TF! Editorial Comment: Organic farming practices are as varied as they are geographically dispersed. These practices are part of a sustainable agriculture movement that promotes a truly healthy way of life that can address the current ills of the agricultural sector and even the problems of the Filipino peasant. As the article discusses, there are numerous precious examples of personal journeys of transformation in reaction to current societal ills that show that change can happen anywhere.
Posted on December 25, 2004 - 8:45pm :: ISD-World Affairs | Human
By Heidi Kingstone
December 20, 2004 | Independent Online, South Africa

TF! Editorial Comment: The controversy that highlighted the awarding of the Nobel Peace Prize to Wangari Muta Maathai for her successful tree planting and environmental protection program inadvertently helped to underscore the power of integral sustainable development as a framework for global equity, world peace and poverty alleviation among others. That these successes should be achieved in an African setting where the world has despaired for any kind of development is further testament to its power--and logic. As the article discusses, it is because Maathai has seen that these problems are inescapably interconnected and call for a holistic vision and a more comprehensive framework and approach.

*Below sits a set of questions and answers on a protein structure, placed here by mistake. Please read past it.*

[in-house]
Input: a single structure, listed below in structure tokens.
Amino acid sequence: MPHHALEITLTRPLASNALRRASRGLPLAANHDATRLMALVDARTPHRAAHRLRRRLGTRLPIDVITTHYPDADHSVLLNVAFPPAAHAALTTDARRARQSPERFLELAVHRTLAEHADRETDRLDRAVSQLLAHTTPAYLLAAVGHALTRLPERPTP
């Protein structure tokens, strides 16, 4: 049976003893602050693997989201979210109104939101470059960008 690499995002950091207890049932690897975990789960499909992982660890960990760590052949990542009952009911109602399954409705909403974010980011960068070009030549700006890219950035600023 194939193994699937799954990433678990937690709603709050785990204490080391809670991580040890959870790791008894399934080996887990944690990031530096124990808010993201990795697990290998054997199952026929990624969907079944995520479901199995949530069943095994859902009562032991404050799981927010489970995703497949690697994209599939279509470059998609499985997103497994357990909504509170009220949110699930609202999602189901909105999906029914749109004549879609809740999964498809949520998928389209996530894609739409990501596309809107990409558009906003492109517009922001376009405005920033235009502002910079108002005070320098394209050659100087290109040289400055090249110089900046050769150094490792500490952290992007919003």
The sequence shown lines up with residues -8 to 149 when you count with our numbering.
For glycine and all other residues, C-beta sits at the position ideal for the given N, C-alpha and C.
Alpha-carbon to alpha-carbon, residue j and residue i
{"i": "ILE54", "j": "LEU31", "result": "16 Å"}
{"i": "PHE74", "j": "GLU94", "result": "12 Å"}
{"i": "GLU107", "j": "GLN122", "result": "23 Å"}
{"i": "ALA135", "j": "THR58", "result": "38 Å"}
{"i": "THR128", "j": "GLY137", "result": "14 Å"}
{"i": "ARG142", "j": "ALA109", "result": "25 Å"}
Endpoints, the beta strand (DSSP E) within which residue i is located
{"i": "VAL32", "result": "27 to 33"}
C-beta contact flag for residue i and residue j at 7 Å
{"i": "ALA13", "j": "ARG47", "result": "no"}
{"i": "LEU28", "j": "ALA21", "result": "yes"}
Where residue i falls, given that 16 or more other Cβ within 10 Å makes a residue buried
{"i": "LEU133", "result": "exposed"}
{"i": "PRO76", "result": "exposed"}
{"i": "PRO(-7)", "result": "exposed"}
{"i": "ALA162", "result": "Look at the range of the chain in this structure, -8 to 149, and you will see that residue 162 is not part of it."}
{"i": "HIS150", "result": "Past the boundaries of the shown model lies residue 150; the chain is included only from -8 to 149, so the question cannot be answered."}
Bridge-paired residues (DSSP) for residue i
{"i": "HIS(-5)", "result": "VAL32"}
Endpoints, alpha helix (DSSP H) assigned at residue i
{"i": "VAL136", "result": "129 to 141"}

Posted on December 25, 2004 - 8:43pm :: ISD-World Affairs | Society
Ranjit Devraj
Dec 16, 2004 | IPS

TF! Editorial Comment: Indigenous or traditional knowledge systems (IKS), though not science-based in the conventional sense, have served numerous populations well and continue to do so in many capacities. This is partly due to the fact they draw their wisdom and practices from local culture, spirituality and an innate understanding of and communion with nature. As discussed in the article below, while more modern--and perhaps more efficient--systems and procedures have gradually displaced IKS, many rural communities continue to prefer traditional practices like giving birth at home where intimacy, familiarity and frugality win out over "modernity" and the commodification of these essential services and rituals. But the article also shows that a good mix of traditional practices and modern systems can provide the best of both worlds.
Posted on December 25, 2004 - 8:41pm :: Editorial
25 December 2004

Over two thousand years ago, Julius Caesar, ignoring the directives of the Roman Senate, crossed the Rubicon, defeated his rivals, and inaugurated one of the most powerful periods in Roman history.

A few decades after him, a baby was born in that part of the Roman Empire known today as Israel. Born of relatively unknown parents, this baby could have been just another of the thousands of babies born within the ambit of the Empire. But the visit of three kings from the East, among others, indicated that this baby boy was not an ordinary infant. And true enough, this baby, Jesus Christ, grew up and was heralded as the long awaited Savior of the Jews.
Posted on December 19, 2004 - 10:20pm :: Contributors
By Panjee Tapales Lopez
19 December 2004 | The Philippine STAR

Two weeks ago I wrote about Karangalan, a conference and festival designed to dispel the hopelessness plaguing the Philippines. It will be a 3-day affair of workshops, exhibits, music, dance, etc. –all showcasing the best in the Filipino. This project celebrates extraordinary Filipinos doing extraordinary things here and abroad.